“I think we will use our strengths, but we will also depend on the previous board for that knowledge, history and experience when we need it until we get our sea legs under us,” Accardo said. “The outgoing board has committed to working with the incoming board. Each one of the outgoing members is very committed to Pike County. They’ve done an awful lot of work to get us where we are. We need to pick up where they leave off.”
Fortenberry, a Republican, won the District 5 supervisor’s race, defeating Democrat Eddie Simmons 1,594 (58%) to 1,149 (42%). He couldn’t be reached for comment Wednesday.
In addition to Sheriff Kenny Cotton, another incumbent office holder, Northern District Justice Court Judge Bryan Harbour, lost his bid for re-election. Republican Fulton Dickerson Brewer won that race 2,728 (60%) to 1,790 (40%).
Brewer said the 3-to-2 margin of victory came as something of a surprise.
“I was looking to win but I wasn’t looking to win by that much of a margin,” he said.
Brewer said the operations of the court will continue mostly as they have in the past, although the natural personality changes that come with someone new taking office will probably be the biggest difference.
“There will be a few minor changes but for the most part the court is set how the court is set,” he said.
Harbour, who ran as independent, was appointed to the post in 2007.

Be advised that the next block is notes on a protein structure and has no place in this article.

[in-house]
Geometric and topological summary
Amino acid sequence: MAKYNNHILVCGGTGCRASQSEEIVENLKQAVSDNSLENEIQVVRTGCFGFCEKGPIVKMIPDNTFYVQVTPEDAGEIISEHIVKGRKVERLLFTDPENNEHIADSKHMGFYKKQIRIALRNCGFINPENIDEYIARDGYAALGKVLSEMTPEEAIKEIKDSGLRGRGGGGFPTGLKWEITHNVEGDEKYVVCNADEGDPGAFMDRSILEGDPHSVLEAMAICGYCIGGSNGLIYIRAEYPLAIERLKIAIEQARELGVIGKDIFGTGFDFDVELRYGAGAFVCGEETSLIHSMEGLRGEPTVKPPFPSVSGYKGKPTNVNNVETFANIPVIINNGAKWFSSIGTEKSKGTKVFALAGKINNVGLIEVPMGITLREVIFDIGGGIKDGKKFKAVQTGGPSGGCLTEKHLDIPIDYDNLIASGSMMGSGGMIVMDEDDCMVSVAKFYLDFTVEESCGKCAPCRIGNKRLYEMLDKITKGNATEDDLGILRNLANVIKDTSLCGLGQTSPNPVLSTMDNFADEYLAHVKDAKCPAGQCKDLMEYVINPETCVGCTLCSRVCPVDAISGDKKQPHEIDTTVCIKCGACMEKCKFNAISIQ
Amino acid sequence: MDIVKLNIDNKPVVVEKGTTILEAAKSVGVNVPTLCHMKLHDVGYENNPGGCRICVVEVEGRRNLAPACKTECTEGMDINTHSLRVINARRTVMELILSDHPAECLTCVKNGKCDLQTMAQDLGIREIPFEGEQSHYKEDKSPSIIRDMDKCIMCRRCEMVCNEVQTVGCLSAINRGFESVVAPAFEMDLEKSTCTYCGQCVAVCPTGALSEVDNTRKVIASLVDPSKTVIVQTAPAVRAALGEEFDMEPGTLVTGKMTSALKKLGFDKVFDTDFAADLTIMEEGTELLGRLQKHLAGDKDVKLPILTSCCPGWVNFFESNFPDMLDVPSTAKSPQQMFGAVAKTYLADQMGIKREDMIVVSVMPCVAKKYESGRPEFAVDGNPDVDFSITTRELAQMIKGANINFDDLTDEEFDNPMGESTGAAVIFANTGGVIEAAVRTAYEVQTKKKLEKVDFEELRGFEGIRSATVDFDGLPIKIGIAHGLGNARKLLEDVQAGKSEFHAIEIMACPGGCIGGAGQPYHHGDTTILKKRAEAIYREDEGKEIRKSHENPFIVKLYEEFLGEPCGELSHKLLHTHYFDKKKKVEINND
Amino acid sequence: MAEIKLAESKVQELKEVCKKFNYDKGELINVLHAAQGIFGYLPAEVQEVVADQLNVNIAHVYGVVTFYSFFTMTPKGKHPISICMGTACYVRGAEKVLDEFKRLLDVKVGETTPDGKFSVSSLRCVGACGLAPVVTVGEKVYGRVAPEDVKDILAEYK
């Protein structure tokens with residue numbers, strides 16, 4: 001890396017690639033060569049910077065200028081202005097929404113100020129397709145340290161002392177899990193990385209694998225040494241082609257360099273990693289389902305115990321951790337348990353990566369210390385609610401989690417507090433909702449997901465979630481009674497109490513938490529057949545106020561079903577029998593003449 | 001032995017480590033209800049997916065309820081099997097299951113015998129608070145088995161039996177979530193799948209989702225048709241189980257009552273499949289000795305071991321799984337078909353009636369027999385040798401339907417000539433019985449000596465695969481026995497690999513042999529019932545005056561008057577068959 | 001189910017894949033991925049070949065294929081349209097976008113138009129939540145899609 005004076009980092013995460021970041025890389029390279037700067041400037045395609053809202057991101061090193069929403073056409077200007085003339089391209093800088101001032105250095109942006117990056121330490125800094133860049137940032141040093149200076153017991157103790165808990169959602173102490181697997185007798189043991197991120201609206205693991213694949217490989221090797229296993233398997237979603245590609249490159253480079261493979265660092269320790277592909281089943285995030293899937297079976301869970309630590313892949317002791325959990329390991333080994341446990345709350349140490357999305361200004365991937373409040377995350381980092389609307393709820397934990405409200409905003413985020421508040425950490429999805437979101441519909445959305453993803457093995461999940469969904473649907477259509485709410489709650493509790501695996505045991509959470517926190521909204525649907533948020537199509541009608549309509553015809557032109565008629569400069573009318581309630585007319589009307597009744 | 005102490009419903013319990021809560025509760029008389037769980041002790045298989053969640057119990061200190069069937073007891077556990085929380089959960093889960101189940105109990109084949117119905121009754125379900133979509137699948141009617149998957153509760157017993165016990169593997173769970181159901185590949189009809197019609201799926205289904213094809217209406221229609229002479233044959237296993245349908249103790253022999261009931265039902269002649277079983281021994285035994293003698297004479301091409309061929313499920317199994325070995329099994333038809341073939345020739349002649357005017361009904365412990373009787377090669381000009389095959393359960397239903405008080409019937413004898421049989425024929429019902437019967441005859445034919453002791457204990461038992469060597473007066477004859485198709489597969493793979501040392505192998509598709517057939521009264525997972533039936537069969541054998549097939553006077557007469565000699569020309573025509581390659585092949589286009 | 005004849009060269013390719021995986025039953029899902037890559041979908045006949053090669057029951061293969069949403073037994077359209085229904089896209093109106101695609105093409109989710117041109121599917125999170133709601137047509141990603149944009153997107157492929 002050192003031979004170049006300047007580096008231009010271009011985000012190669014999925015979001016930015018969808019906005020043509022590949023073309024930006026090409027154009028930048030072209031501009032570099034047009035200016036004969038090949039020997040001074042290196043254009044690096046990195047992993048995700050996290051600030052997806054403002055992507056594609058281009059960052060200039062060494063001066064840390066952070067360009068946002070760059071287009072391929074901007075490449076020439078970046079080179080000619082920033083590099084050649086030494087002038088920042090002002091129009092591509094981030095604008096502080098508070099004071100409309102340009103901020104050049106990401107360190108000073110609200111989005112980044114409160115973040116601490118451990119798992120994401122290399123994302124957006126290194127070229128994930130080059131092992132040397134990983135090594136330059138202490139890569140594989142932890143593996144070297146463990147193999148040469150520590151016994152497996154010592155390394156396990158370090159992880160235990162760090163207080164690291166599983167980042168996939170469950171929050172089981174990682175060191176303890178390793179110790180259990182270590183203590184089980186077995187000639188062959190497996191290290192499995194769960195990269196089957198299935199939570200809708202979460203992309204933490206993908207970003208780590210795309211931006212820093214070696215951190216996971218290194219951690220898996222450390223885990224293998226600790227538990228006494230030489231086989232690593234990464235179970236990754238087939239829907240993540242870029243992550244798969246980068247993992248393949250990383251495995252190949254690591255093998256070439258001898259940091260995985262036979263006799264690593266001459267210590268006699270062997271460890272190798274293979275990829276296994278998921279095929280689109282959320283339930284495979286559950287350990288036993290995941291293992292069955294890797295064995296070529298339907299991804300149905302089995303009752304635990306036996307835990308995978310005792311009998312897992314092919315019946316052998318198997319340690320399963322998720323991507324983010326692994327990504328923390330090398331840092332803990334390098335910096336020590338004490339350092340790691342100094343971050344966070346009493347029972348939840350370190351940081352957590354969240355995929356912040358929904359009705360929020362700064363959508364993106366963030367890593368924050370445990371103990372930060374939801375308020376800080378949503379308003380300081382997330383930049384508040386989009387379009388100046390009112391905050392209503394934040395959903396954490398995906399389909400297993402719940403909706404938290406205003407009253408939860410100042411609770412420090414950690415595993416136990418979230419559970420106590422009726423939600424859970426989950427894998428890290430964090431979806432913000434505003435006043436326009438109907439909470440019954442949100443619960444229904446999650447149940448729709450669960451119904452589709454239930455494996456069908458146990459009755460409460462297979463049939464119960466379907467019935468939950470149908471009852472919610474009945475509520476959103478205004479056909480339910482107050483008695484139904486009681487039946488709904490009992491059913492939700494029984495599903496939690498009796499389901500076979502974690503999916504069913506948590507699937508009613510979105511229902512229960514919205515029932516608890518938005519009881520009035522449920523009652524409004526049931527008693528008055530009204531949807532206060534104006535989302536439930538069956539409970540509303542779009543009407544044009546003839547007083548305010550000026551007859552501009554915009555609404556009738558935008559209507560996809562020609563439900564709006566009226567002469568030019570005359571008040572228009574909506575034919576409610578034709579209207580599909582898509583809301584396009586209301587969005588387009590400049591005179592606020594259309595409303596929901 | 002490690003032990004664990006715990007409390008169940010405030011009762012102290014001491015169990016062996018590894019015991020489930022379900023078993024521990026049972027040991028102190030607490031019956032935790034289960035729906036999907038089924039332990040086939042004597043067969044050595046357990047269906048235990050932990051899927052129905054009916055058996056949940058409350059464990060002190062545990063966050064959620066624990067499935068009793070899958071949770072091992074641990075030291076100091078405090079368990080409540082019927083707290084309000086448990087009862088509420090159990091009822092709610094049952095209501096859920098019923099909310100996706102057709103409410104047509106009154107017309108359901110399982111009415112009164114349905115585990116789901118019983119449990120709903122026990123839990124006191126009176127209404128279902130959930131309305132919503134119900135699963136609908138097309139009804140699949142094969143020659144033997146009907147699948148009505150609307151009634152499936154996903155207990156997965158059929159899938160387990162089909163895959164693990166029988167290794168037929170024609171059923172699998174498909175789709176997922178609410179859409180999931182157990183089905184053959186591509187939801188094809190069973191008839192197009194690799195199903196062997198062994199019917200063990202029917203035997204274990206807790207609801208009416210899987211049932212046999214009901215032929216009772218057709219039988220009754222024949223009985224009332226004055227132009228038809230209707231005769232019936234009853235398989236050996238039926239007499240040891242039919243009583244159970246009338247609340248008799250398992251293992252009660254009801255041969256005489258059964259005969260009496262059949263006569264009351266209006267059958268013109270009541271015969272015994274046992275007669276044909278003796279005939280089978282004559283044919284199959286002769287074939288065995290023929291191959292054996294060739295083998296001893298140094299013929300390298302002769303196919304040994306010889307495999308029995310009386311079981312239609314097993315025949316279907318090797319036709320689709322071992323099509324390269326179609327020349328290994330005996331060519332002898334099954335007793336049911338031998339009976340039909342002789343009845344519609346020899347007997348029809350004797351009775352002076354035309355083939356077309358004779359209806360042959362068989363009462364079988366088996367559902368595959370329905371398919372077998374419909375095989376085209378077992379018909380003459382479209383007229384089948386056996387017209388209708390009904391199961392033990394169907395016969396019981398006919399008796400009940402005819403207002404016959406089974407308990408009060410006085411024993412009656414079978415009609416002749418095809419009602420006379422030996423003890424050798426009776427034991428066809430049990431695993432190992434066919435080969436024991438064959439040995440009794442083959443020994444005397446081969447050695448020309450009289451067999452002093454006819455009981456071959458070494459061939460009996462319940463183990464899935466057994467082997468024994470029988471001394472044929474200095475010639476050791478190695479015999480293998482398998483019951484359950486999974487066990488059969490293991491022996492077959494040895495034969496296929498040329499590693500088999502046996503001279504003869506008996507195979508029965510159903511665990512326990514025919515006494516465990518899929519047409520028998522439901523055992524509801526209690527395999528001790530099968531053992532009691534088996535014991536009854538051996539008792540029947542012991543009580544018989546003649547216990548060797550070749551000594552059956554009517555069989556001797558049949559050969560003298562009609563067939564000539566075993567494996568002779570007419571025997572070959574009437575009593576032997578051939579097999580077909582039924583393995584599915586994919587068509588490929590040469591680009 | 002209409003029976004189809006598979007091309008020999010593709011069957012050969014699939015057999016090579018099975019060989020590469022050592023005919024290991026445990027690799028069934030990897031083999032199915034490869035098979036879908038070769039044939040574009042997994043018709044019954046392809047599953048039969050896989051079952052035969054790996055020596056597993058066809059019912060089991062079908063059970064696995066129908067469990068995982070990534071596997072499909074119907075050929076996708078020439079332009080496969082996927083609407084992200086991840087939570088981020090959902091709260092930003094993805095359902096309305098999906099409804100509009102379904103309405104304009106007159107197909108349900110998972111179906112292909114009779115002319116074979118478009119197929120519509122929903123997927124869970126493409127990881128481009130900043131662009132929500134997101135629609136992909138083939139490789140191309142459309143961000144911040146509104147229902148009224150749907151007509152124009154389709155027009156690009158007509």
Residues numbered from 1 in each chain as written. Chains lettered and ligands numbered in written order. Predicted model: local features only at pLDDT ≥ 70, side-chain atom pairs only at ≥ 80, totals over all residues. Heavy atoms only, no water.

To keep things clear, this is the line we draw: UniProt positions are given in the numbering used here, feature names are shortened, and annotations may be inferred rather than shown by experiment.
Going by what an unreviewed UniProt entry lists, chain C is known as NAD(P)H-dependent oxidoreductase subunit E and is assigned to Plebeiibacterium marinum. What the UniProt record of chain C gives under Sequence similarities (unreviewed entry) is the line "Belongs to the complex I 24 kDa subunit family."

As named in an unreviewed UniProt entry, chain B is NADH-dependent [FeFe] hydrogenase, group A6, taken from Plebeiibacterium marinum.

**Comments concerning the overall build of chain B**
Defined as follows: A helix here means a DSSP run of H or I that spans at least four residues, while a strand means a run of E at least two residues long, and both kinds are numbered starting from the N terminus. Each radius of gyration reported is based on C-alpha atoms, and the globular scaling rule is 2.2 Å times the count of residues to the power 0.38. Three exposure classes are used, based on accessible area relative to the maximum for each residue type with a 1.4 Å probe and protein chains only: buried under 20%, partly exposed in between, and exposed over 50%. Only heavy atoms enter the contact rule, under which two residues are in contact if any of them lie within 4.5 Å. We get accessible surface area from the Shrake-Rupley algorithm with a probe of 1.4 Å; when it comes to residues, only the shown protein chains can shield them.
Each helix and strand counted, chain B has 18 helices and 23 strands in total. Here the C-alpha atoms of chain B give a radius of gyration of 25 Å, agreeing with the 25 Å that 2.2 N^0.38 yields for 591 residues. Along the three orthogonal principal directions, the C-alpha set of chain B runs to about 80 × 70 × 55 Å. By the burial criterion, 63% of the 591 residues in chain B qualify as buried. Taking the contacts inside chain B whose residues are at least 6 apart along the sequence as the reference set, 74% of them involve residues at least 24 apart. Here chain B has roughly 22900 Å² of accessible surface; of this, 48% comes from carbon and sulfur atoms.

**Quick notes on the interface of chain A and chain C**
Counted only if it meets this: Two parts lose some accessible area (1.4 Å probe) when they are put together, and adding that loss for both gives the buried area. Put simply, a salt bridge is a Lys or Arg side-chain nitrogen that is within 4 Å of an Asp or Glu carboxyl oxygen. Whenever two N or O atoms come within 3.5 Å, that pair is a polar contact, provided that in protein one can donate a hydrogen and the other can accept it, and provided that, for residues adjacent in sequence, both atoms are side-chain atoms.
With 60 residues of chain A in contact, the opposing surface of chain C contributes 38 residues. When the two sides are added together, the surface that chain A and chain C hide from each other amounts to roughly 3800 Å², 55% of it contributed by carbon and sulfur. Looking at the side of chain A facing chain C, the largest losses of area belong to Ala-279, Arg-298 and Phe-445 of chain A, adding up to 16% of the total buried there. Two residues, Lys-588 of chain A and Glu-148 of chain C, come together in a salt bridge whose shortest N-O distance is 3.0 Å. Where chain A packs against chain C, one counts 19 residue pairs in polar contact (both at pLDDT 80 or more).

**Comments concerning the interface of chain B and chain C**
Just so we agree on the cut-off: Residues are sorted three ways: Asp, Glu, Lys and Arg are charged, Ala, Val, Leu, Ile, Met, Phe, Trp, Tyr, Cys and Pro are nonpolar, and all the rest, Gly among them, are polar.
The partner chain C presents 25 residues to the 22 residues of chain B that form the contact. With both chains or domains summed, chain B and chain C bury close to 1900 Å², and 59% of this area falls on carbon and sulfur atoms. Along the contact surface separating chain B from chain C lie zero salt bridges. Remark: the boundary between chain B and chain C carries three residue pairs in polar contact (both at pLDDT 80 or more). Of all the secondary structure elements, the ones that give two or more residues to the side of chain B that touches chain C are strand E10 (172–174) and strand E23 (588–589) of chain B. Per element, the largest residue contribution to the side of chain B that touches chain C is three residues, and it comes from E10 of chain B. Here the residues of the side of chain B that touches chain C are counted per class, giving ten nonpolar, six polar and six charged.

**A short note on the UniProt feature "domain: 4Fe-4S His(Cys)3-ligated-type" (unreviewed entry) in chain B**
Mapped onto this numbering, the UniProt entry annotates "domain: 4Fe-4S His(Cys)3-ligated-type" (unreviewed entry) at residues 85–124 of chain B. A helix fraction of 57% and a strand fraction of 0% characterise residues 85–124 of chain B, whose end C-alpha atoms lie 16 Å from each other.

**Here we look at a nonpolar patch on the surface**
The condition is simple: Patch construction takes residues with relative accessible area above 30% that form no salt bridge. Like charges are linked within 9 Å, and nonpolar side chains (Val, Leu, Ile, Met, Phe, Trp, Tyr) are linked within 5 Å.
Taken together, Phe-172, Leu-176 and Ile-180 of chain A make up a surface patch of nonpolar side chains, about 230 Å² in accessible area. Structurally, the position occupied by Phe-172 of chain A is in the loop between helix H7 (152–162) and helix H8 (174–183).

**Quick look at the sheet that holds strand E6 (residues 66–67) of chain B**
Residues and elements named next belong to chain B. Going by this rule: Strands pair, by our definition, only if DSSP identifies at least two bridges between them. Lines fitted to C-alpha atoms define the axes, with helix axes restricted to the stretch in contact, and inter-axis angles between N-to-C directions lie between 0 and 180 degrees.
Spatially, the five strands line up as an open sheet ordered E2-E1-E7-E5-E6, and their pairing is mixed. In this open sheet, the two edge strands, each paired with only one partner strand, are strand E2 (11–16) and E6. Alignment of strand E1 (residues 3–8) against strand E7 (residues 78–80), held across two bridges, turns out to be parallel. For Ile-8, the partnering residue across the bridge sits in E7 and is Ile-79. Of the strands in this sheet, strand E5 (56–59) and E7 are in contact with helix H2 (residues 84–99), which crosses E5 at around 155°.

“Bryan’s always done a good job as a judge and when I ran in this race I wasn’t running against him,” Brewer said. “I was running to serve the community.”
Brewer noted the success Republicans had throughout the county on election night, and he believes national politics “influenced the election greatly.”
“I think national politics are blending into local politics,” he said.
But the results were something of a mixed bag for the GOP. Brewer and sheriff-elect James Brumfield both ran as Republicans and unseated incumbents, and Republicans won all of the county-wide races they were involved in, and two seats on the board of supervisors, but overall more county voters cast ballots for Democrat Jim Hood in the hotly contested governor’s race.
The county’s two other justice court judges, Melvin Hollins in the Central District and Aubrey Rimes in the Southern District, won re-election.
Hollins, a Democrat, defeated independent challenger Arthur Quin 2,275 (70%) to 962 (30%).
Rimes, running as an independent, defeated Democratic challenger Celdric McDowell 2,345 (54%) to 2,021.
Two incumbent constables, Denny Johnson in the Northern District and Oliver James in the Southern District, both were unchallenged, as was Central District Constable-elect Mark Thompson, who won the Democratic nomination in the primary to replace longtime constable Billy Young.
Tuesday’s ballot also featured a nonpartisan special election for District 3 election commissioner that Danny Creel won, receiving 1,227 (54%) votes over Fay Greer, who had 545 (24%) and Nora Hall, who had 486.